‘Plague at the Golden Gate’: Public health and private ignorance
Residents of San Francisco's Chinatown are pinned in behind a police-guarded cordon during the Bubonic Plague outbreak of 1900. The history of the secret epidemic and the anti-Asian racism that fueled it is the subject of a new documentary by director Li-Shin Yu. | PBS

Fear and loathing. Rank ignorance. Greed and racism. Director Li-Shin Yu and writer Susan Kim’s new documentary film “Plague at the Golden Gate” is the all too familiar story of a brave public health officer fighting a strange, dangerous disease that threatens to wipe out large sections of the American population.

The rigorous expert must not only battle the unfamiliar disease, but fight a benighted citizenry that refuses to heed warnings and science because the contagion threatens their way of life, preconceived notions, livelihoods, and evil thoughts about other human beings.

Yu’s scientific moral tale might as well be the story of Dr. Anthony Fauci’s heroic struggle against COVID-19. Instead it is the battle that erupted when San Francisco confronted an outbreak of Bubonic Plague that menaced not only California, but threatened entry into all of the United States. Just as the willful, incompetent response of the Trump administration allowed the spread of COVID in 2020, Bubonic Plague stood knocking at the Golden Gate in 1900 trying to gain admission through the West Coast’s largest, busiest port.

Director Li-Shin Yu

In January 1900, crab fishers found two dead bodies floating in the San Francisco Bay. They were two stowaways from the Japanese steamship Nippon Maru, which had traveled through Hong Kong, Shanghai, and Honolulu on its route to California.

The third major worldwide plague epidemic had begun in China in 1855 and defused through Asia killing over 15 million people. This was the same plague that had during the Middle Ages killed one-third the population of Europe. Concerns about it reaching U.S. ports had been expressed. Little had been done, however, to protect against or treat it. Some of this was due to ignorance on how the disease spread.

The American lack of response was grounded in virulent anti-Asian racism.  Whites in California, at the turn of the century, believed Chinese were more susceptible to plague because of their rice-based diet and the crowded, dirty, squalid living conditions in San Francisco’s Chinatown, where laws and prejudice had consigned the Chinese population.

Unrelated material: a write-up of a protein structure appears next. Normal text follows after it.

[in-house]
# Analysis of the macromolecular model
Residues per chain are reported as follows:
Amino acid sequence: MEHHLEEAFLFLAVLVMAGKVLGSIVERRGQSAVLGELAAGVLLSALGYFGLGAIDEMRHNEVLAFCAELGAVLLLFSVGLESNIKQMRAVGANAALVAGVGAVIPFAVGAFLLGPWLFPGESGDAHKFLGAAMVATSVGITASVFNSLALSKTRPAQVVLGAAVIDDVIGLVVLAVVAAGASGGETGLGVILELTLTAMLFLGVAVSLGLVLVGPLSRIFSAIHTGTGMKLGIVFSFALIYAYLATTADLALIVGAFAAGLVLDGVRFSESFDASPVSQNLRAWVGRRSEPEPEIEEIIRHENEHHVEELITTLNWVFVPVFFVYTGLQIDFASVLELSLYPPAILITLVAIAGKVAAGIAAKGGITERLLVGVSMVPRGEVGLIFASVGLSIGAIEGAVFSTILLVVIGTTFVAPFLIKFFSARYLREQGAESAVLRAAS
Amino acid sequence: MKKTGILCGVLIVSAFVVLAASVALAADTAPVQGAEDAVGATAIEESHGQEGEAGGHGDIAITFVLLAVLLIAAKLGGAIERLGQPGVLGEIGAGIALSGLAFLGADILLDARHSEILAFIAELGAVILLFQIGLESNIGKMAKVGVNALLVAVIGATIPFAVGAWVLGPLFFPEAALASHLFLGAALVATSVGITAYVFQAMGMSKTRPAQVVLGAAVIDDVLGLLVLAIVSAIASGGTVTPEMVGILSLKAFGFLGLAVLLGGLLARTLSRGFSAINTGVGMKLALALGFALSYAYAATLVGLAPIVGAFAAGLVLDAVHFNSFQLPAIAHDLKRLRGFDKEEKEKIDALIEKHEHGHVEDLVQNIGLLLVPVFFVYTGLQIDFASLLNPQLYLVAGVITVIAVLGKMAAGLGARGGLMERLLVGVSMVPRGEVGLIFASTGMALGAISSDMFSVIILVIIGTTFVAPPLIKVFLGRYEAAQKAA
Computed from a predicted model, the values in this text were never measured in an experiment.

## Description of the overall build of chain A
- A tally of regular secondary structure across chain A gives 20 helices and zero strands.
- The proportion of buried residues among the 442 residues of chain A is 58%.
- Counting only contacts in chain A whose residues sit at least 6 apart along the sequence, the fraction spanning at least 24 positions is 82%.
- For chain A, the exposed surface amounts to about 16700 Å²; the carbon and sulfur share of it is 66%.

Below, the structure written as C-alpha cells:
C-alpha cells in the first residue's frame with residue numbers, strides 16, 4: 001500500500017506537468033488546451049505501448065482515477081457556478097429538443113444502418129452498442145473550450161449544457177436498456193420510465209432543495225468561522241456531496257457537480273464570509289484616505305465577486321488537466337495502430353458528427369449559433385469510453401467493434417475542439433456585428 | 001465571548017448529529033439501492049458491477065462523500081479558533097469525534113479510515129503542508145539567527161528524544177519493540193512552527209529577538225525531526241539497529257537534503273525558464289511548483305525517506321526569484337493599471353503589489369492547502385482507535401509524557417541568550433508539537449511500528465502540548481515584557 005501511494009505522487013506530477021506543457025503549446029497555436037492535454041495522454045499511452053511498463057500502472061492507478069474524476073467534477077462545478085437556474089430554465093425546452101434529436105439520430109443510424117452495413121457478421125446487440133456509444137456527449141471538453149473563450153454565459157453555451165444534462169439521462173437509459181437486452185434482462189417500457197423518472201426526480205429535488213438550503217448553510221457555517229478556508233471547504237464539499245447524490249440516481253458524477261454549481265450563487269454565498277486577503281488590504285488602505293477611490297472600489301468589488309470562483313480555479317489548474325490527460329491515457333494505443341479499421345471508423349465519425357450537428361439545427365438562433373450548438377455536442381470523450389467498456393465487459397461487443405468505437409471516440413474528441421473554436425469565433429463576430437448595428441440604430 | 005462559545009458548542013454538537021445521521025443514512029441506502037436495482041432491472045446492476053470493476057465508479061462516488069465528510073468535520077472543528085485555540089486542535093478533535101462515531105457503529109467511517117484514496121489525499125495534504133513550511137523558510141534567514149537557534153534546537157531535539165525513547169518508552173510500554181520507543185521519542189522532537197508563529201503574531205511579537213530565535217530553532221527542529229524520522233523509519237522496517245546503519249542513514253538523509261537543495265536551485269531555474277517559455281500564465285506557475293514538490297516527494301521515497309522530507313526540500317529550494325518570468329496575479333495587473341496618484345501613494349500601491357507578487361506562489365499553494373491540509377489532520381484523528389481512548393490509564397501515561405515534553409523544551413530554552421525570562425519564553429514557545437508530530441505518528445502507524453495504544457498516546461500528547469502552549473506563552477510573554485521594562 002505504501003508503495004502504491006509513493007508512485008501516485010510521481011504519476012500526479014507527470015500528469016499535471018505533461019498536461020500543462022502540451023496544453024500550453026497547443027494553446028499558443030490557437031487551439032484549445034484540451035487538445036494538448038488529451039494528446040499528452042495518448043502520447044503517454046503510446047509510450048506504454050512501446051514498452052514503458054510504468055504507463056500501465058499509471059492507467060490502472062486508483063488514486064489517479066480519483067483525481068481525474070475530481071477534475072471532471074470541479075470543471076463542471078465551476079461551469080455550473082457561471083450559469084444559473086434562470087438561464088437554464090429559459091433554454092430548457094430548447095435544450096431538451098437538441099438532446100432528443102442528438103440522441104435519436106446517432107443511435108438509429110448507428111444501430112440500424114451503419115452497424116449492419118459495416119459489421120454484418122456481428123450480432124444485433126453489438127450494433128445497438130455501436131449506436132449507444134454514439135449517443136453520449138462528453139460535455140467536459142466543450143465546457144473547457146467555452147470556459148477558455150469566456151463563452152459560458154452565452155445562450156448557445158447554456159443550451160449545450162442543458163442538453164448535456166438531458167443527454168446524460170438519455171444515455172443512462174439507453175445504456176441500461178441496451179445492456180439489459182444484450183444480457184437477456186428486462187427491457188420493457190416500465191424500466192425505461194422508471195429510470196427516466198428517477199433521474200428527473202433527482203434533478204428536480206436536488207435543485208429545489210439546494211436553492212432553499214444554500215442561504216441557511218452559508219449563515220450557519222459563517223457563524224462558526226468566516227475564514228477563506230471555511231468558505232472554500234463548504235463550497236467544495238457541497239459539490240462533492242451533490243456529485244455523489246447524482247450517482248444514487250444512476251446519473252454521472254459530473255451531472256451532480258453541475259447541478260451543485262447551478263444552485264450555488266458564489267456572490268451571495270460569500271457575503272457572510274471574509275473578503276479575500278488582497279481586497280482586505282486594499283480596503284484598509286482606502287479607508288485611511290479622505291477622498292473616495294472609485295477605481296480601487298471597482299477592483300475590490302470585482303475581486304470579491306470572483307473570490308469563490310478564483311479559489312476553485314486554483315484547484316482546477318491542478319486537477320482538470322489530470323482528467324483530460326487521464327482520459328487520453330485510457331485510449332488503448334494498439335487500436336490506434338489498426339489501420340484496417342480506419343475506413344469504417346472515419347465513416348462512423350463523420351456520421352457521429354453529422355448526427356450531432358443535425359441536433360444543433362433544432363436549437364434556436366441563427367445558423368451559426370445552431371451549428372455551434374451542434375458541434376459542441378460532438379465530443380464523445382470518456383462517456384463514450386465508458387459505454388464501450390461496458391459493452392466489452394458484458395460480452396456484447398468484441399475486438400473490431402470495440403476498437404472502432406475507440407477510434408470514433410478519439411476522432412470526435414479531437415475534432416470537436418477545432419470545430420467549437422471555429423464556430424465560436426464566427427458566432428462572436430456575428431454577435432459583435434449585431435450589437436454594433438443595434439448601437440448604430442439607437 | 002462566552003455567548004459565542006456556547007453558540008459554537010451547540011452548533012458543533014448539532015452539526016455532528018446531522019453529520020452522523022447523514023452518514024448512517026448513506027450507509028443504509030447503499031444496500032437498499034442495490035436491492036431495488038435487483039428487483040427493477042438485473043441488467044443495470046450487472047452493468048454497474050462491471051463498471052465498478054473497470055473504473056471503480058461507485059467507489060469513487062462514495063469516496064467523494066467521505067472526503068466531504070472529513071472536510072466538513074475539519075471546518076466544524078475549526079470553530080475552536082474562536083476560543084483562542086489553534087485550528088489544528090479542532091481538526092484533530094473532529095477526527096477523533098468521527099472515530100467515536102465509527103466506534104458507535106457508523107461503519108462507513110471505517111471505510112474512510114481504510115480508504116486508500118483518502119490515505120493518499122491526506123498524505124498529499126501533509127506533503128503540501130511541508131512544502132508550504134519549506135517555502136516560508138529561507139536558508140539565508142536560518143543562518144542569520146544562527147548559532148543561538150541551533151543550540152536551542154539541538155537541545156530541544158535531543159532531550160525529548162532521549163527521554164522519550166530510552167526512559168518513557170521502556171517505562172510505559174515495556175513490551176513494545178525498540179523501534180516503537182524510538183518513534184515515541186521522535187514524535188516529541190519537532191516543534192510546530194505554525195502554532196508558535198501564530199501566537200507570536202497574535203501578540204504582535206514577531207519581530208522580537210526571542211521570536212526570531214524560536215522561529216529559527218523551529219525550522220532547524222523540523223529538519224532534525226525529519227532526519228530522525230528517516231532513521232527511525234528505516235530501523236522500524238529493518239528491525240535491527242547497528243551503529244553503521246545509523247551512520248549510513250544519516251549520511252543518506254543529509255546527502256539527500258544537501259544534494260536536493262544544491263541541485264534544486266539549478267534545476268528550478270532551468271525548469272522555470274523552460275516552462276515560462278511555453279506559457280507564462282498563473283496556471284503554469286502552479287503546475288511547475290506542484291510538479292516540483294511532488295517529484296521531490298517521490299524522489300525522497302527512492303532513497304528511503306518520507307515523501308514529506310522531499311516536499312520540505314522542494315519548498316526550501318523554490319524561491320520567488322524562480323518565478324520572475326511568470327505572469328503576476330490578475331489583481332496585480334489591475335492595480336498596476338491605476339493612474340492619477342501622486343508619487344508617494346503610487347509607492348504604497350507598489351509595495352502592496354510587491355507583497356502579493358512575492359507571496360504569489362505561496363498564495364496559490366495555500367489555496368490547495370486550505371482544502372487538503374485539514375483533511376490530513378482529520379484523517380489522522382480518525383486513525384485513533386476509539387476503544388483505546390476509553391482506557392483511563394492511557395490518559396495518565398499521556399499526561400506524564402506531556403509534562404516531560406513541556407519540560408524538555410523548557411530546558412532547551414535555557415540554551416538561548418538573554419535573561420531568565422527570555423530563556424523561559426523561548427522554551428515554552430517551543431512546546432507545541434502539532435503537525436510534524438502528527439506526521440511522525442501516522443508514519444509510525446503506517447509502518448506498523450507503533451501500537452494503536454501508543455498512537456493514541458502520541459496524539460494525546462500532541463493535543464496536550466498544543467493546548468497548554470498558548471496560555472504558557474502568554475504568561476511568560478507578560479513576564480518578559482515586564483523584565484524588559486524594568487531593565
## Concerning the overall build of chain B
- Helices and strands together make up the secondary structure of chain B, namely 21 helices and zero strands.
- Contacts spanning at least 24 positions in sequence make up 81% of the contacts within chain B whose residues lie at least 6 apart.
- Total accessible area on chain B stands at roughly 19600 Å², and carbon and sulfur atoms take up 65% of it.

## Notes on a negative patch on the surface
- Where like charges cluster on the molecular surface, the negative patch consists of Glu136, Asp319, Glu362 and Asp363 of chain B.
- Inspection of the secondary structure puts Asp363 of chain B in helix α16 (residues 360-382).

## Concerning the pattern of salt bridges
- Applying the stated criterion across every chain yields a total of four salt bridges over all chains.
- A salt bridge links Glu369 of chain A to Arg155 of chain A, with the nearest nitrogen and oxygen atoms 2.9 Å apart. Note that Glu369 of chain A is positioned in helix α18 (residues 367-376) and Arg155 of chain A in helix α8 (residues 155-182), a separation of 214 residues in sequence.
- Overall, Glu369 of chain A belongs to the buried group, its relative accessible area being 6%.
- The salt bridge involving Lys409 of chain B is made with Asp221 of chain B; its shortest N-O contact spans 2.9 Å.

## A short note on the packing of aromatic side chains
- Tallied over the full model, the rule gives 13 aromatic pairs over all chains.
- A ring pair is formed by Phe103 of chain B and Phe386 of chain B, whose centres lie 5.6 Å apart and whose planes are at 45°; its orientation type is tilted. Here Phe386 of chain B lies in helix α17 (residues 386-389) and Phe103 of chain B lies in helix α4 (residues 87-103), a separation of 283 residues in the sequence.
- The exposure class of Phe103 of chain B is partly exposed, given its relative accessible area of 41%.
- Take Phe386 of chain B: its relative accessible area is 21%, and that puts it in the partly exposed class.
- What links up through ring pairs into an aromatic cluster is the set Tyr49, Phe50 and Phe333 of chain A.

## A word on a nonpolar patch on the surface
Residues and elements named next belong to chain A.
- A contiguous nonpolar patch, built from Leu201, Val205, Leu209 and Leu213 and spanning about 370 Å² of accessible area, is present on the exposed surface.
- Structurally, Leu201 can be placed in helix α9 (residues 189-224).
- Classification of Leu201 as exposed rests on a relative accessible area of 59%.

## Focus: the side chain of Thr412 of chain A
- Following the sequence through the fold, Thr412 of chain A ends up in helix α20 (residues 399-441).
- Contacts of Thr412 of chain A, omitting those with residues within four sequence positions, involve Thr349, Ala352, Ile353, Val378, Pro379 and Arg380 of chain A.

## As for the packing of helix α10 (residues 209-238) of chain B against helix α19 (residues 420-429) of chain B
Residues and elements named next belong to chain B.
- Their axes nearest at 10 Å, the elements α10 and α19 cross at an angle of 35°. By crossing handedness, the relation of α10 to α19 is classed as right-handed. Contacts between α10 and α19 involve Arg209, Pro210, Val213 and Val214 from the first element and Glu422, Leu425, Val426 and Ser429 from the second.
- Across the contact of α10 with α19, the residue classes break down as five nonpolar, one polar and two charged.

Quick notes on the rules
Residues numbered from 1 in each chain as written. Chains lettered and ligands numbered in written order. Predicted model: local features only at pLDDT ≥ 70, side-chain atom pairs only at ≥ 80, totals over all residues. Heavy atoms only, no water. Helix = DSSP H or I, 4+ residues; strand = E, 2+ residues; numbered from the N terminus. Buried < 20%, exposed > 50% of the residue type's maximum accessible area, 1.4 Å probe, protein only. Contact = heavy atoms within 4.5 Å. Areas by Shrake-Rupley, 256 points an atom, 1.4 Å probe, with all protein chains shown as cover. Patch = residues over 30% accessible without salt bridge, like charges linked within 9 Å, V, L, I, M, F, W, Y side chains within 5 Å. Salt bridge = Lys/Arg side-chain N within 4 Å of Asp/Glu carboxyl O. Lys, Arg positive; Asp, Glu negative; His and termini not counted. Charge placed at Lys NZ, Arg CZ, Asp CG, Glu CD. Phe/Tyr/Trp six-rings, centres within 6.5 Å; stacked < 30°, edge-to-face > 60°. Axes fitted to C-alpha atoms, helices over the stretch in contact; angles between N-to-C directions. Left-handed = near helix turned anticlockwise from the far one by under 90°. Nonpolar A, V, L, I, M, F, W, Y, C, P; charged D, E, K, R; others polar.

In 1882, the U.S. government had even made it illegal for Chinese to immigrate into the country, believing that their labor threatened whites who were often unwilling to work as hard or for as small wages. In San Francisco, the local white population strongly believed in Asian racial inferiority.

The city’s chief public health officer, Dr. Joseph James Kinyoun, the father of the National Institutes of Health, recognized the threat immediately. But Kinyoun had to fight against officials such as San Francisco Mayor James Phelan and California Gov. Henry Gage, who argued against the type of controls which could stop the spread of the disease.

Along with the Merchants League and white supremacist groups, the politicians blocked public health measures. The governor actually denied there was a plague, claimed Dr. Kinyoun was injecting bacteria into cadavers to falsify evidence, and pushed a censorship bill to stop any public reports of infections. Mayor Phelan called Chinese Americans a constant menace to public health.

Chinatown was cordoned off, making its citizens virtual prisoners. Then, numerous police and “health inspectors,” under the rationale of “investigation,” invaded Chinatown, looting, ransacking, beating residents, and torching buildings. People were frightened to report instances of the illness.

Meanwhile, Kinyoun worked with little support to identify and contain the disease. It was not until federal intervention and a change in politicians that he was able to make progress. Despite some success, it remains daunting to compare public and political reactions to these epidemic threats over one hundred years apart.

Award-winning Director Li-Shin Yu, longtime collaborator with documentarian Ric Burns and director of “The Chinese Exclusion Act,” Susan Kim and the American Experience PBS series deserve much credit for this chilling entertainment and public service.

“Plague at the Golden Gate” will be broadcast on PBS Tuesday, May 24. Please consult local stations for the exact times it will be shown.


Michael Berkowitz
Michael Berkowitz

Michael Berkowitz, a veteran of the civil rights and anti-war movements, has been Land Use Planning Consultant to the government of China for many years. He taught Chinese and American History at the college level, worked with Eastern Kentucky Welfare Rights Org. with miners, and was an officer of SEIU.